From: Donald Z. Osborn (firstname.lastname@example.org)
Date: Tue May 10 2005 - 00:09:44 CDT
The topic of keyboards has come up before so would be relevant. Keyboard
development is something that lots of folks have ideas about but few (not
including me) are specialized in.
From what I understand, the first step is a question of determining what is
needed, and this in turn responds to who the users are (IOW, what they need).
If I understand correctly, you're talking about something to facilitate input
of all unicode characters?
I still think that a technofix of a keyboard with LED keys which would display
the characters assigned to each key for each layout selected would be the
ultimate solution (I believe we discussed this on this list a while back).
There are LED keyboards available, but without the ability to change the
displays in the keys. At any rate, the physical durability of such keyboards
may not be as much of an issue as it was. The issue seems to be whether we can
make the next step to connect variable LED key displays with the information in
the software about which layout is active.
This is the dream. Let me digress a moment to an area that I have more
familiarity with. In the area of keyboards for Africa - with key & keycombo
assignments being the main appeoach - there was a tendency to think in terms
either of one keyboard that has everything (which gets complicated) or one
keyboard layout for each language (could be limiting). We're now talking more
often about layouts that meet needs for groups of languages used by a group of
users or in a geographical area (country, region). This is also complicated as
it involves some research and discussion in order to settle on standards. But
ideally it would meet user needs with standardized layouts that are predictable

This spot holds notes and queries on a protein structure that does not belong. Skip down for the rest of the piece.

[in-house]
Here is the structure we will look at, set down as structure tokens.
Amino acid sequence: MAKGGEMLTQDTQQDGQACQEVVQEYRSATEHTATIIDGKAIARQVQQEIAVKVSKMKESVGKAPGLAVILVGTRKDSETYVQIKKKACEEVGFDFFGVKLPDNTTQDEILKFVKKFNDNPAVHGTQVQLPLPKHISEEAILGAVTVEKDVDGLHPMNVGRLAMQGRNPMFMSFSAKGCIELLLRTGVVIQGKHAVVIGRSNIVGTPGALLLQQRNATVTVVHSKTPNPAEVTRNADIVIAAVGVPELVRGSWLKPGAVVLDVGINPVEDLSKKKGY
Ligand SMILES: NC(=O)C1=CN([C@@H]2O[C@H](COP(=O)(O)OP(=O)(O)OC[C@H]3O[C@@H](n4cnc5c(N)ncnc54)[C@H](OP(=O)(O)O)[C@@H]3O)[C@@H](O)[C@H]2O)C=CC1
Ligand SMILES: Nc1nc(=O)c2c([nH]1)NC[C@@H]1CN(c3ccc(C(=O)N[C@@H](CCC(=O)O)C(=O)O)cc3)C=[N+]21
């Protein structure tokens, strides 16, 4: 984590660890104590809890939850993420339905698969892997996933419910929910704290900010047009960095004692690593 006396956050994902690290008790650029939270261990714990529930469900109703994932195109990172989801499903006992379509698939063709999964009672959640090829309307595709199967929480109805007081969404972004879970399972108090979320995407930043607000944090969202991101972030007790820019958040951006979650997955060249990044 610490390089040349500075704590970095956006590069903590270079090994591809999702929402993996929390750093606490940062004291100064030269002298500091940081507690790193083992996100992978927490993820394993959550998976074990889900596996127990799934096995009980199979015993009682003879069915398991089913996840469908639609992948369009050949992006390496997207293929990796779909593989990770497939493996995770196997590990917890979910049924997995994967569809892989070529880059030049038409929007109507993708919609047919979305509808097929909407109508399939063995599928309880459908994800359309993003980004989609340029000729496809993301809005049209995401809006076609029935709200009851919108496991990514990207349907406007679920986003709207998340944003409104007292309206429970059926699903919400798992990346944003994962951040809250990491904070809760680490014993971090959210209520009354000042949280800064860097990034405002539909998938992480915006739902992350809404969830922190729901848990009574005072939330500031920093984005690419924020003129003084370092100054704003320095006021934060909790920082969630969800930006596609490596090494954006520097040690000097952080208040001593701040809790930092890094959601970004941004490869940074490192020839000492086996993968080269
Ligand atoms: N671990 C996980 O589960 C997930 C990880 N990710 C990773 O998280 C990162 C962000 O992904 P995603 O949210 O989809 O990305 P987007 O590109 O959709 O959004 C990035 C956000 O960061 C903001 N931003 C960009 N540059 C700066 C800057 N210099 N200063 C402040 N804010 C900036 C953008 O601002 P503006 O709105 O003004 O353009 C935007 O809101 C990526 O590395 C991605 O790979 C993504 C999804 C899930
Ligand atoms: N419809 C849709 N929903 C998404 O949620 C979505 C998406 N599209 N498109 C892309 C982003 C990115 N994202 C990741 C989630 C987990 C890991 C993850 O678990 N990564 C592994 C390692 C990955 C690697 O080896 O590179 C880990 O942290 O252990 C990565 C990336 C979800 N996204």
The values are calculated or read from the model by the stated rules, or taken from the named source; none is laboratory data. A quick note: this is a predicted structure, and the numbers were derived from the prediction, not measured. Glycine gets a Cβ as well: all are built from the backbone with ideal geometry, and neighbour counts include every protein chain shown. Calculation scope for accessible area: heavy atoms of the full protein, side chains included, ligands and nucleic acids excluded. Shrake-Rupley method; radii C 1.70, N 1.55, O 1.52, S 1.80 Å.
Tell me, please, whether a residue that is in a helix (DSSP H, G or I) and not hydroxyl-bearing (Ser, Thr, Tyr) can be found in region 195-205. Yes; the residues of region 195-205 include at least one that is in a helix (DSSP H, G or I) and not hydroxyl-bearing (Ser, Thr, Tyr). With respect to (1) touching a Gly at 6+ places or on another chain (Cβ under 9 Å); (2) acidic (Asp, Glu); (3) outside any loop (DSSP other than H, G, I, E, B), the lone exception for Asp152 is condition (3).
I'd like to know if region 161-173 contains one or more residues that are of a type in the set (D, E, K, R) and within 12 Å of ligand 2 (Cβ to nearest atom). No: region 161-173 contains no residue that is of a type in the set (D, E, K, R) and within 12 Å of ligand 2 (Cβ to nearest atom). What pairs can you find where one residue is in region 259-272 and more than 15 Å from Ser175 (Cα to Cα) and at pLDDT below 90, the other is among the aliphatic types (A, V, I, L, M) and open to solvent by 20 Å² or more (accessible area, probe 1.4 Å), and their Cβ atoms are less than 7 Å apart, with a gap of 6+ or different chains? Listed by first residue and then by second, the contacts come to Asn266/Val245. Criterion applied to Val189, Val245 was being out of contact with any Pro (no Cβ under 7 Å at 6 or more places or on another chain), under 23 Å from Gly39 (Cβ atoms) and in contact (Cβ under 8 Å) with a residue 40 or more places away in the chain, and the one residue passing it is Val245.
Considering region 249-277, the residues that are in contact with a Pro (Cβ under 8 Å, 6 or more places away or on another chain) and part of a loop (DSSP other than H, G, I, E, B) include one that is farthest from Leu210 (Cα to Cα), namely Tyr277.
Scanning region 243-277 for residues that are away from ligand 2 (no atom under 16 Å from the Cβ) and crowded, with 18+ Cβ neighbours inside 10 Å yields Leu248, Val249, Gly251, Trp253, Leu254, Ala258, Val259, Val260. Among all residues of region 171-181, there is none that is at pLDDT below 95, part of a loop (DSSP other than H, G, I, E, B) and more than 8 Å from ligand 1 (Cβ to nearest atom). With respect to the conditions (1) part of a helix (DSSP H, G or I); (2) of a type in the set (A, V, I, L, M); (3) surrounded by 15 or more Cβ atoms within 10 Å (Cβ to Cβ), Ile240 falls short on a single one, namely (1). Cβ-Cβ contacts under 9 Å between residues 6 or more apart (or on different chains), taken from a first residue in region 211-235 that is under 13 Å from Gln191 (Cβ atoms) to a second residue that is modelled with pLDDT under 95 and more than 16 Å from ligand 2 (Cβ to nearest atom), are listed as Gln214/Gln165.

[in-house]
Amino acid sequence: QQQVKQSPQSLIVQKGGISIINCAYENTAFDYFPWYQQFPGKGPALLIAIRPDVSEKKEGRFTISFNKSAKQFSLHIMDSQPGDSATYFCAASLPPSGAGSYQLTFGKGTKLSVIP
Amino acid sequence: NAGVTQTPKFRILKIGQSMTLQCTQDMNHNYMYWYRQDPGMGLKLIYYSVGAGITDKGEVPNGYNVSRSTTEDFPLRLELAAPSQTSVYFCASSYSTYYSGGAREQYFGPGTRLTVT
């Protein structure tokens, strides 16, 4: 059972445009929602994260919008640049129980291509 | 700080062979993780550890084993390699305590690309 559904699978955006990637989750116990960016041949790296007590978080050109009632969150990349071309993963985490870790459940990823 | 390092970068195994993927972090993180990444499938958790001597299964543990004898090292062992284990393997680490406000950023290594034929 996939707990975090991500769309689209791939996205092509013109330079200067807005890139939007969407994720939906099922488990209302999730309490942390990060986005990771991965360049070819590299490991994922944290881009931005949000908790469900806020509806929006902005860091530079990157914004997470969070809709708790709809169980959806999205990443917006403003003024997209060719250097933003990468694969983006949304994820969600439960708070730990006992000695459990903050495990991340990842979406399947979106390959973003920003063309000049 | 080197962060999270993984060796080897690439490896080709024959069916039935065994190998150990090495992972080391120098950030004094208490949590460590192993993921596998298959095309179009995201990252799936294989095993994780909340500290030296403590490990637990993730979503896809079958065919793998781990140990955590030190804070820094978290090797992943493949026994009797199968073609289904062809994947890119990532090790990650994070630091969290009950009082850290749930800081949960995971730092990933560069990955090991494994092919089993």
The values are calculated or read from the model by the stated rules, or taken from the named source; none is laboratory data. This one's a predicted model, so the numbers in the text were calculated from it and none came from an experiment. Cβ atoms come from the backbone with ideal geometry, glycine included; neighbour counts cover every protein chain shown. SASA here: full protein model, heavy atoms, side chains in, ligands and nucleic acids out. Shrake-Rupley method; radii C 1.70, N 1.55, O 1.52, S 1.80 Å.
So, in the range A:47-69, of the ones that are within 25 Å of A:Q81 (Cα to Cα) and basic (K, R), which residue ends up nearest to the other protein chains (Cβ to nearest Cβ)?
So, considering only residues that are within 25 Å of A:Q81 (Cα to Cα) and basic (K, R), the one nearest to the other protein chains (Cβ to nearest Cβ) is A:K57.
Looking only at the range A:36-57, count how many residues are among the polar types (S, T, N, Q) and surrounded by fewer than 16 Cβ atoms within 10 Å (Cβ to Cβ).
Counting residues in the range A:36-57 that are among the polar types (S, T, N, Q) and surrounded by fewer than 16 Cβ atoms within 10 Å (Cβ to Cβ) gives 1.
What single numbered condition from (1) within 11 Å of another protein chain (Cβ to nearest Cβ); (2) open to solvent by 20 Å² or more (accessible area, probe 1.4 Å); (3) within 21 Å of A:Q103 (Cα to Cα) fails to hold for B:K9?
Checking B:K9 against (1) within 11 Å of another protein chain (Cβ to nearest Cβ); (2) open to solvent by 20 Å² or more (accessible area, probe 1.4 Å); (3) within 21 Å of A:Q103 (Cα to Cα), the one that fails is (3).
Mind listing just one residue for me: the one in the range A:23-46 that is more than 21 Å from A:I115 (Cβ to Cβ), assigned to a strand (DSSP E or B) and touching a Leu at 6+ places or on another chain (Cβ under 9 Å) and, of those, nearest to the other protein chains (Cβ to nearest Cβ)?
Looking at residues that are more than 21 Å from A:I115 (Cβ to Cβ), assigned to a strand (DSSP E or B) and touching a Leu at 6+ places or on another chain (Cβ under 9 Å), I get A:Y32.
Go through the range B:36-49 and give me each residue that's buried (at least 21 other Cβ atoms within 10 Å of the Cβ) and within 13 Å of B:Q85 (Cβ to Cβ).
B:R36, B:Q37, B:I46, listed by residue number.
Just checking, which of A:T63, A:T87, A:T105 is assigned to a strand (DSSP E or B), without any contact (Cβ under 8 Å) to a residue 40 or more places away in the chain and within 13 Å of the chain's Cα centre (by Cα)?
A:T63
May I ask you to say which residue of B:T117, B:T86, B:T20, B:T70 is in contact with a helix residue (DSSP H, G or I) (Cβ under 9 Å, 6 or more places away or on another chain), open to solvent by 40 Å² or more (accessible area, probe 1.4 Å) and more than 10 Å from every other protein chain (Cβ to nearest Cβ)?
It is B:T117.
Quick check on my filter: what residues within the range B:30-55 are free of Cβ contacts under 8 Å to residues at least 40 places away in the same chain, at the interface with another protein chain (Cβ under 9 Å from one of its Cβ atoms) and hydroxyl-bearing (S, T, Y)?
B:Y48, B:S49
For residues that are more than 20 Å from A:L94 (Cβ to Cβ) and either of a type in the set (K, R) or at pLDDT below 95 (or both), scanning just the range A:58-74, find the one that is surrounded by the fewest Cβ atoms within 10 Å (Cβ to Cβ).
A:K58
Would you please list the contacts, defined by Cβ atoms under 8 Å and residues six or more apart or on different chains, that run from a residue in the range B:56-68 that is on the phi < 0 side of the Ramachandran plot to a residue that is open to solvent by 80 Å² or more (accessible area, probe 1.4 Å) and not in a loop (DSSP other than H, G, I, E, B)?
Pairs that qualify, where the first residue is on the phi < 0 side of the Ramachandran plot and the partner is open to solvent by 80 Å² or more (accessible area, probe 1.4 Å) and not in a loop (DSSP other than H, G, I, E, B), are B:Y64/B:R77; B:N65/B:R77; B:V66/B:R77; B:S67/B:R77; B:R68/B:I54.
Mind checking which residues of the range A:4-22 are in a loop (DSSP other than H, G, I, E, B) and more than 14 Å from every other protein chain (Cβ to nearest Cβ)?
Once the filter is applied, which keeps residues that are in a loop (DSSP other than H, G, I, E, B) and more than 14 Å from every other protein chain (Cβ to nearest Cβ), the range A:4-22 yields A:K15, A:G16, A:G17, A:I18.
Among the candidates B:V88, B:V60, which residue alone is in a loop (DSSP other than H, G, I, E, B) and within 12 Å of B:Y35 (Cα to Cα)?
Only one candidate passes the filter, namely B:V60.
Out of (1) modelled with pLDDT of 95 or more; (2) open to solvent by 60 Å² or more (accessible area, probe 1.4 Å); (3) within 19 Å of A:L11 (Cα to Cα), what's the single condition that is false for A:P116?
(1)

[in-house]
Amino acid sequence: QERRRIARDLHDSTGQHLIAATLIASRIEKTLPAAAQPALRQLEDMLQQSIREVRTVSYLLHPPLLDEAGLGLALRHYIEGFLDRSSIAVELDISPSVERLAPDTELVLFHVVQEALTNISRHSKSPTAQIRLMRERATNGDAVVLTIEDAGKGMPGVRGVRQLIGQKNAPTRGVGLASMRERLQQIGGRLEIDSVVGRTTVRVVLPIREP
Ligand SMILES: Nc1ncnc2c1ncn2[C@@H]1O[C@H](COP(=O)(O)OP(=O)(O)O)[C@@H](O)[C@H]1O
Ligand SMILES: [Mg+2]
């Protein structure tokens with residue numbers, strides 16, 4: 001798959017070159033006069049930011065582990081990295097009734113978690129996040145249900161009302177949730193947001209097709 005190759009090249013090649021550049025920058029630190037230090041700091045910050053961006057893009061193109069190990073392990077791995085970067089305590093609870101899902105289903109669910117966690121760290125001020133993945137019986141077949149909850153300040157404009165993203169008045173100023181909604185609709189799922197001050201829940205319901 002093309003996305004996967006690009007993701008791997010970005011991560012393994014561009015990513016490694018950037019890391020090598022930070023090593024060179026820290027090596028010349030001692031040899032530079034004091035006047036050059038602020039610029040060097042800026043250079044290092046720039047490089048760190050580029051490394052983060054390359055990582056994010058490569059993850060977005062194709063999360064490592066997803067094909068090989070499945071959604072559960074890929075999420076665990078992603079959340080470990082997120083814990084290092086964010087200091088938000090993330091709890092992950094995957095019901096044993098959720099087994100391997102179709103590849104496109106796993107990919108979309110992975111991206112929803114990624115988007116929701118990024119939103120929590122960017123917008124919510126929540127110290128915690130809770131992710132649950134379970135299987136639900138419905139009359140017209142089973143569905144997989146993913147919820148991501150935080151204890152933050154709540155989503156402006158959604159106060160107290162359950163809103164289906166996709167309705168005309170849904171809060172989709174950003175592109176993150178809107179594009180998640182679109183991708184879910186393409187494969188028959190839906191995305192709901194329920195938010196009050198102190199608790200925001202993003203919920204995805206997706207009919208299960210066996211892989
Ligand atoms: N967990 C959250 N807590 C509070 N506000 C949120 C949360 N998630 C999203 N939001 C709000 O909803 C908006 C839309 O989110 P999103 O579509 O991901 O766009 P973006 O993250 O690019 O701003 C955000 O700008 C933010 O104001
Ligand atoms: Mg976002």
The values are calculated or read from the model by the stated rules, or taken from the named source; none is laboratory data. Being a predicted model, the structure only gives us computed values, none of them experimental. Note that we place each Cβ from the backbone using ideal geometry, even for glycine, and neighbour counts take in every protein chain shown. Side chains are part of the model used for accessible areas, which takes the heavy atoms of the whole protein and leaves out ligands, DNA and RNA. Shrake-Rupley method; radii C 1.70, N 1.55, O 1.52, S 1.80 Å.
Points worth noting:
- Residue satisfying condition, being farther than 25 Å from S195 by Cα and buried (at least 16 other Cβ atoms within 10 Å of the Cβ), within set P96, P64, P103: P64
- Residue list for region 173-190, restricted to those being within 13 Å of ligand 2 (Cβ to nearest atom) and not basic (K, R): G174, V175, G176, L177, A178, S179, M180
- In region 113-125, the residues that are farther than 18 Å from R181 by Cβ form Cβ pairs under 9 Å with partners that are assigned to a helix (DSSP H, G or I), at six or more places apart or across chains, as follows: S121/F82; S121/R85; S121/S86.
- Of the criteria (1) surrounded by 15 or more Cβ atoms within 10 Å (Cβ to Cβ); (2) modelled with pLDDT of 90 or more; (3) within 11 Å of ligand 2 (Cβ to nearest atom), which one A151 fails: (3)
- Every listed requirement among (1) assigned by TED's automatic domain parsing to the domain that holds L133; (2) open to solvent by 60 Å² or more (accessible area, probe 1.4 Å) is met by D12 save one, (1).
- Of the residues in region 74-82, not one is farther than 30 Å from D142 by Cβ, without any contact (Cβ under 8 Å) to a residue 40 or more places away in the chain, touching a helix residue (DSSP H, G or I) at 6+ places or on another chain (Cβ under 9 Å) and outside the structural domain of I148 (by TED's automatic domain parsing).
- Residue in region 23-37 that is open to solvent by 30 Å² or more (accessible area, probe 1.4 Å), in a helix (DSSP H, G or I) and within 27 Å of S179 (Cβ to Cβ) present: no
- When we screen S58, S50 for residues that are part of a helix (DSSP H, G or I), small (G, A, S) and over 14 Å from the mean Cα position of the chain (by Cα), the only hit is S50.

and "harmonized." (The latter meaning that as you switch among layouts, most or
all characters common to the different layouts are in the same place.) Still,
there will have to be a learning & remembering of what plus what equals, say an
open-e, not to mention the problems of typing Arabic/Ajami, Tifinagh, N'ko or
whatever on a QWERTY or AZERTY keyboard. So this is still not ideal. Again the
LED keyboard seems ideal.
Since it is possible to have more than one keyboard layout installed on a
system, and for users to switch among them as necessary, perhaps one approach
to what it sounds like you are interested in (pardon if I'm off) would be a
suite of layouts, designed with some of the above concerns in mind and which
together would cover the unicode range. This might be conceived together with
regional keyboards such as for Africa, or separately. In any event, in an ideal
world, we would have LED keyboards that can tell us what the key values are in
the layout we've selected, and a suite of layouts that can cover the range of
Such a solution would obviate the need to use the Unicode character names in the
way you suggest. One problem with focusing on using the names, quite apart from
their correctness, is that users have to remember the name exactly as it is in
A-Z (and the names are not always short and easy to remember).
Quoting Hans Aberg <email@example.com>:
> Are Unicode keyboard input methods discussed on this list? The
> fastest method for a large character set (like Chinese), is
> supposedly that one types some identifier of the character, and the
> computer successively shows the possible matches. When one sees the
> right character appear, one selects it.
> Such an input method might relate to the discussion here about the
> correctness of character names. A Unicode keyboard input method, for
> standard keyboards, might be as follows:
> - First one hits the button, indicating that a new Unicode character
> is to be input.
> - One then types metacharacters A-Z plus space on the keyboard, and
> the computer displays possible character name completions, possibly
> with some other identifiers, such as a number or the Unicode
> character number.
> - When there is only one match, one hits "enter"; alternatively, one
> types the displayed number, and hits "enter".
> I think it is interesting to think about the method above, because it
> then becomes practically important to get character names and aliases
> correct. The method might also be refined, so that one can type say
> the name of a script, and get that implemented onto the keyboard.
> This would then admit quick script changes, without having to
> specially adapt the keyboard.
> Hans Aberg
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